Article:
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    hey guys,
    just cam back from uni. had a test which is like 15% of my cw. pretty confident but just some question that if you can confirm i got right that'll be great.

    1)  8x\sqrt (x^2 + 1) dx integration by substitution between x=o (lower limit) and x=1 (upper limit). Did anyone get 6?

    2) can;t remember exactly by if you have something like  y= \frac{some function}{2} + 2x , to find dy/dx will you just use the quotient rule to find the first part and then "+ 2"?

    thanks
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    I could be wrong, but I think:

    1) Answer = (8/3)*2^(3/2). After integrating, I got (8/3)(x^2+1)^(3/2) -- what did you have?

    2) You could use the quotient rule, but it would be a bit pointless. Just differentiate the numerator, then divide it by 2.
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    (Original post by Prokaryotic_crap)
    hey guys,
    just cam back from uni. had a test which is like 15% of my cw. pretty confident but just some question that if you can confirm i got right that'll be great.

    1)  8x\sqrt (x^2 + 1) dx integration by substitution between x=o (lower limit) and x=1 (upper limit). Did anyone get 6?

    2) can;t remember exactly by if you have something like  y= \frac{some function}{2} + 2x , to find dy/dx will you just use the quotient rule to find the first part and then "+ 2"?

    thanks
    I'm afraid your first answer is wrong. There is a surd in the answer.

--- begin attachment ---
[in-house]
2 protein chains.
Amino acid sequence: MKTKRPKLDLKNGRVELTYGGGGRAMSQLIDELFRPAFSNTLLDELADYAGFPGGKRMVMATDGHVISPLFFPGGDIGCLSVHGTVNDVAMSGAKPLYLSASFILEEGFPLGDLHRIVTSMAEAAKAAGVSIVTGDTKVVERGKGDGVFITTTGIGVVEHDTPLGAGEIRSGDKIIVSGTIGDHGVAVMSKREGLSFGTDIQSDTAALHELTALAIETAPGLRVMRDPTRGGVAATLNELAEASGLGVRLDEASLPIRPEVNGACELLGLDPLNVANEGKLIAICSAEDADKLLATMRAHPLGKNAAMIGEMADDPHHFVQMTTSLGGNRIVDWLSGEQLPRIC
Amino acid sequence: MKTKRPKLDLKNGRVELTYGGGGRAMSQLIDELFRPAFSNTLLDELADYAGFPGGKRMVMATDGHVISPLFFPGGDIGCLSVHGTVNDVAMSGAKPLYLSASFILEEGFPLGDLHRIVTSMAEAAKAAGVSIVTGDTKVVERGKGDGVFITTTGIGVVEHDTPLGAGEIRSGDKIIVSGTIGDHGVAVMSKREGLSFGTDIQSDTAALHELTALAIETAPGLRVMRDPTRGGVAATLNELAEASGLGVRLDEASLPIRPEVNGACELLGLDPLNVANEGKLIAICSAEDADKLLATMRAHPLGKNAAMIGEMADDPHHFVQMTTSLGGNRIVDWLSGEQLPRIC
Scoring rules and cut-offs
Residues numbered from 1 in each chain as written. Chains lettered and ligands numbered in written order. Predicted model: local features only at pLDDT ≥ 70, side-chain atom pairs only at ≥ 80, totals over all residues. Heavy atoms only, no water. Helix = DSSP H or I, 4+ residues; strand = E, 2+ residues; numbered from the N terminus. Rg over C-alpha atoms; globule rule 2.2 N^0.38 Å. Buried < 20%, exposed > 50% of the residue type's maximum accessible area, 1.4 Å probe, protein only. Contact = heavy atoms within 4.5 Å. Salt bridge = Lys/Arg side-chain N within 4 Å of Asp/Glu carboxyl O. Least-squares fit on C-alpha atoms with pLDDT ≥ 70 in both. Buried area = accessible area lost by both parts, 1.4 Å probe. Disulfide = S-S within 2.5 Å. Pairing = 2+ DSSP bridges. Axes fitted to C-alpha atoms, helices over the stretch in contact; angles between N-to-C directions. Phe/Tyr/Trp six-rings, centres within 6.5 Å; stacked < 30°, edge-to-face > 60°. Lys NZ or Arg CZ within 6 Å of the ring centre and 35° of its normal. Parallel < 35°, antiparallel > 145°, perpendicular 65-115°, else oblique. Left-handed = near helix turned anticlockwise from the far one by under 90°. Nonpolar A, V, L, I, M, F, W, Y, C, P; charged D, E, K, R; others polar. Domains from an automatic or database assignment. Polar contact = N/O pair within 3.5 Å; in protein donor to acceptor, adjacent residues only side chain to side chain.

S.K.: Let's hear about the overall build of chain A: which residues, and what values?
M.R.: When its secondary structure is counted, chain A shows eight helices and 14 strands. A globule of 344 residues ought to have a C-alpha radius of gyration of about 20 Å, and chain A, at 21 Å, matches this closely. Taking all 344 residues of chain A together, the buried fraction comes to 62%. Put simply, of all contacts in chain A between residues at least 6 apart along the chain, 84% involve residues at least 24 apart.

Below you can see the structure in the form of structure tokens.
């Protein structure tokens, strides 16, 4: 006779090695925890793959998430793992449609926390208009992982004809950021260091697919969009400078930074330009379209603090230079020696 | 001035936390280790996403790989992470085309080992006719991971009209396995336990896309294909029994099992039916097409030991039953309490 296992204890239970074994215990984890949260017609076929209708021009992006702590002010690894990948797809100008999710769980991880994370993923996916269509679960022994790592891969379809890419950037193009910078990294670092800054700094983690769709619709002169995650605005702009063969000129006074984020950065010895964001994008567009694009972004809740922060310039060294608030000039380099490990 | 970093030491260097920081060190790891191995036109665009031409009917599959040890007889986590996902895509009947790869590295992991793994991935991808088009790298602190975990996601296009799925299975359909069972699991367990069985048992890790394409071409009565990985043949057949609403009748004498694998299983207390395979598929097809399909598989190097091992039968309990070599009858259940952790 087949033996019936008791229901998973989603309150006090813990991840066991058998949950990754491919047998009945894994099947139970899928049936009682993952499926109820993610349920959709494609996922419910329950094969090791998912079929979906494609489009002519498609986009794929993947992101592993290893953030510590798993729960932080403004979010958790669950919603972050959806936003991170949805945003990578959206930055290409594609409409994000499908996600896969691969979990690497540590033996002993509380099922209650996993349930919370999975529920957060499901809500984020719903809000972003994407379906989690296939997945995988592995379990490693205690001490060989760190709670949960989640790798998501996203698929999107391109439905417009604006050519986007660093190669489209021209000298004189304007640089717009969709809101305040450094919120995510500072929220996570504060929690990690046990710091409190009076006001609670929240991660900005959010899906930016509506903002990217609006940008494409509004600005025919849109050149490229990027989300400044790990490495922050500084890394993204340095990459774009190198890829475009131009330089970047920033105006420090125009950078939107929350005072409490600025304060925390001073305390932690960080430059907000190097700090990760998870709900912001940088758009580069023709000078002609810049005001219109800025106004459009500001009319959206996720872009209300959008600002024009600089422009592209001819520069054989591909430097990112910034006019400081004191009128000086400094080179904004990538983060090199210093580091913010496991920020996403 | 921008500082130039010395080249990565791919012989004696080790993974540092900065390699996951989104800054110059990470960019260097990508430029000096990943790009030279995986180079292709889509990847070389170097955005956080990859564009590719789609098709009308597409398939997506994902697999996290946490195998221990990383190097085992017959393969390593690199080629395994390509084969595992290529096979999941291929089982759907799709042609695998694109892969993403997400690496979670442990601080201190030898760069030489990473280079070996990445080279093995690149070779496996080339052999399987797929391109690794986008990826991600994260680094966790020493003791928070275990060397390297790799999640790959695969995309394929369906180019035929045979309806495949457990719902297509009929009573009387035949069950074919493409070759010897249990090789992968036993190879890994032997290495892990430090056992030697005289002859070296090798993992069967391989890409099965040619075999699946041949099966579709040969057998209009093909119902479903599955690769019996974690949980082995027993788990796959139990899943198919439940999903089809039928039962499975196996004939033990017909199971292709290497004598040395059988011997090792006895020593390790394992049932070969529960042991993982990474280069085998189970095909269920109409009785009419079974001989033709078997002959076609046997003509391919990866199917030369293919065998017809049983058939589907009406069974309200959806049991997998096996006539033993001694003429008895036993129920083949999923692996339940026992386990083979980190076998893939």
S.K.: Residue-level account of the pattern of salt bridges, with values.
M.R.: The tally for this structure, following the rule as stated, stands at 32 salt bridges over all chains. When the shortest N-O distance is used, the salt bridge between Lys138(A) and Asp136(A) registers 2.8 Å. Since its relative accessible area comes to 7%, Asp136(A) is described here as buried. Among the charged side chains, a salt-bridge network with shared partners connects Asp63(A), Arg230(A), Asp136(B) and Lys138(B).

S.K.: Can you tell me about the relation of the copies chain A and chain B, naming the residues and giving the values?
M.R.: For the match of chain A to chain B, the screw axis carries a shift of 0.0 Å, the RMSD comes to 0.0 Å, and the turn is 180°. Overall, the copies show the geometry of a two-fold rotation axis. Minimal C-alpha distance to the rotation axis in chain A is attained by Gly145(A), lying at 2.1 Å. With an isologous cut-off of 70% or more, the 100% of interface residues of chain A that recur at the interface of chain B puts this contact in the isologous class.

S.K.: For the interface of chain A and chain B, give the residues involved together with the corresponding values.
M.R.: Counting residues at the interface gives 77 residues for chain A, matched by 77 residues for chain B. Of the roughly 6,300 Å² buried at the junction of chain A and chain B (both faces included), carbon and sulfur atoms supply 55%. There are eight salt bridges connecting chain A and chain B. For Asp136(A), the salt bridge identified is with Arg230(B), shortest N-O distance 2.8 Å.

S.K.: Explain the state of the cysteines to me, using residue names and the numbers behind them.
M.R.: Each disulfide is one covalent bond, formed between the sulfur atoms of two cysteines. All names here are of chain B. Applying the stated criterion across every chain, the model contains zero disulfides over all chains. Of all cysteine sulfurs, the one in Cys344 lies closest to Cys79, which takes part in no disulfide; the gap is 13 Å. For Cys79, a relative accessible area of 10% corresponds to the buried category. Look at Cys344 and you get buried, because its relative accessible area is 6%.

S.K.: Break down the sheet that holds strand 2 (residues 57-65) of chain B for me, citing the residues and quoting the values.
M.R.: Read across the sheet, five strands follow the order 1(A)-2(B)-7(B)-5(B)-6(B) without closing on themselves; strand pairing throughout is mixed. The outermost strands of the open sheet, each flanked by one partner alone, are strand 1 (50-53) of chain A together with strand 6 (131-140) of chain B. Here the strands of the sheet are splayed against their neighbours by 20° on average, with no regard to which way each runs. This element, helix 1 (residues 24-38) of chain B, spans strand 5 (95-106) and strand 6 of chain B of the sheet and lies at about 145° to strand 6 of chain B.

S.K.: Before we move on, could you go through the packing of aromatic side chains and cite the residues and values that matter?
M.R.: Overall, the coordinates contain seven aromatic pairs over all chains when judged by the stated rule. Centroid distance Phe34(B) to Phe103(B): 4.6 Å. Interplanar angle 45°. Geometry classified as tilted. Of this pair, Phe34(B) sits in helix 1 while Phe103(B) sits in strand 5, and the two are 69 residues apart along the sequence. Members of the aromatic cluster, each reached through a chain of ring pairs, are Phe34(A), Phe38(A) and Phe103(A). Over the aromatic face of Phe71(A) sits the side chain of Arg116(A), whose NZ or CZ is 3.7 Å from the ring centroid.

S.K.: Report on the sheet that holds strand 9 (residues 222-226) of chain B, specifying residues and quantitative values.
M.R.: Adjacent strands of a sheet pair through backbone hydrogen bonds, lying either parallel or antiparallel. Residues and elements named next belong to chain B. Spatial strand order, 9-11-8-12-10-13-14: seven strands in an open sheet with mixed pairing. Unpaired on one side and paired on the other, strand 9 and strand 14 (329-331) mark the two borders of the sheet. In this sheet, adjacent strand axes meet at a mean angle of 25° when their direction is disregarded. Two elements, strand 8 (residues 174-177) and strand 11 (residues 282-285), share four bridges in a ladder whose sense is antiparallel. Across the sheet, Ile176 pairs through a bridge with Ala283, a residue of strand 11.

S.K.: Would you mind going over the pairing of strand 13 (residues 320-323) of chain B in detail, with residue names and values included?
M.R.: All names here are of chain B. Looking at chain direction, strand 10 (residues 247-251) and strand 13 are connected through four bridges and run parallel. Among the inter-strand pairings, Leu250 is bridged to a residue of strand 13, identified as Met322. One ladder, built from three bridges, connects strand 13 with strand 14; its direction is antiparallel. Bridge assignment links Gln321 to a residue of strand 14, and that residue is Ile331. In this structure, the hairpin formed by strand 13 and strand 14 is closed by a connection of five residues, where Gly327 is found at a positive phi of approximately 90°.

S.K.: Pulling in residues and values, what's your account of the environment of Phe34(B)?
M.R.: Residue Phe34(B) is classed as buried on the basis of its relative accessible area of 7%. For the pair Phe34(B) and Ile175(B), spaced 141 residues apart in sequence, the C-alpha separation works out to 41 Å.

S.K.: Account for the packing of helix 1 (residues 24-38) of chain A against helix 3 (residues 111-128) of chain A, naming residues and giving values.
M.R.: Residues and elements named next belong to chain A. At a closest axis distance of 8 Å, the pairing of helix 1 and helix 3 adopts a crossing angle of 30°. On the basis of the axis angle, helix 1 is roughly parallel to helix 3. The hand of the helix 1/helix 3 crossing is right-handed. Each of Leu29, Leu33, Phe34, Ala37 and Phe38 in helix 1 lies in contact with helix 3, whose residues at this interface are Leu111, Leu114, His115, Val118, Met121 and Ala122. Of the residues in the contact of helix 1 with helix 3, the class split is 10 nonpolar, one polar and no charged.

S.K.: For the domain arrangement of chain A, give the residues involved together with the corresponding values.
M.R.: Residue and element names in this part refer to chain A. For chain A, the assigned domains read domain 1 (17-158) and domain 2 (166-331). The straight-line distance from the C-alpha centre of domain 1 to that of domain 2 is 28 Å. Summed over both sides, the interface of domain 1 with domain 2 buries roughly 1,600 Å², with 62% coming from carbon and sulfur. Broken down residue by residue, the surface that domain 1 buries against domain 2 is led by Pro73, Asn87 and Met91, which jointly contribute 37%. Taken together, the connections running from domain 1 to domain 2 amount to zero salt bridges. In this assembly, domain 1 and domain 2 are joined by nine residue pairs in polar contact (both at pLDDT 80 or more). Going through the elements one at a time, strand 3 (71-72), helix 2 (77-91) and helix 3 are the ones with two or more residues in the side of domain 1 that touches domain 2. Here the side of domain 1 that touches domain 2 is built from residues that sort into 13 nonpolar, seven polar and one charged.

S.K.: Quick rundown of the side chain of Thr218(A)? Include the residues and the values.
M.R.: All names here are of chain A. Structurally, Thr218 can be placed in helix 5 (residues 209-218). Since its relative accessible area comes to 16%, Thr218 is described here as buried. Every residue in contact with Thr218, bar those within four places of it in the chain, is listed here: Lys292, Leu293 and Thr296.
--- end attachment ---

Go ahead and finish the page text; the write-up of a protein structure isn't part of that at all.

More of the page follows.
\frac{8(2\sqrt2-1)}{3}

    There is no need to use the quotient rule on the second question (although you should have got the correct answer even if you did).

    \frac{dy}{dx}=\frac{1}{2}\frac{d  (some function)}{dx}+2
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    Oops garbage, damn internet lol. Ignore this post please
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    I got the answer as (16*sqrt(2))/3 - 8/3 for the first one
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     y = 8x \sqrt(x^2 +1) dx             u= x^2+1  \frac{du}{dx} = 2x    dx= \frac{du}{2x} x= 1  u=2  x=0  u=1

    Unparseable or potentially dangerous latex formula. Error 4: no dvi output from LaTeX. It is likely that your formula contains syntax errors or worse.
    8(u -1)^\frac{1}{2} u^\frac{1}{2} \frac{du}{2(u-1)^\frac{1}{2}
    simplyfying that and subbung u=2 and u=1 and then taking the latter from the former will give 6 i'm sure. anyone who disagrees please post working. it'll really help.
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    u = sqrt(1+x^2), udu/dx = x, dx = u/x * du substitution into the integral and you get 8u^2 du to integrate and your limits become u=1 to u = sqrt(2)
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    i have just realised my mistake, and to make things worse i have just realised that i had written the right thing and then just crossed it out and written something else. I want to kill myself right now
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    PC,

    This is what it should have looked like.

    \int^1_0 8x \sqrt{x^2 +1} \,dx

    u= x^2+1

    du=2xdx

    4 \int^2_1 u^{\frac{1}{2}} \,du

    I'm sure you can finish it off.
 
 
 
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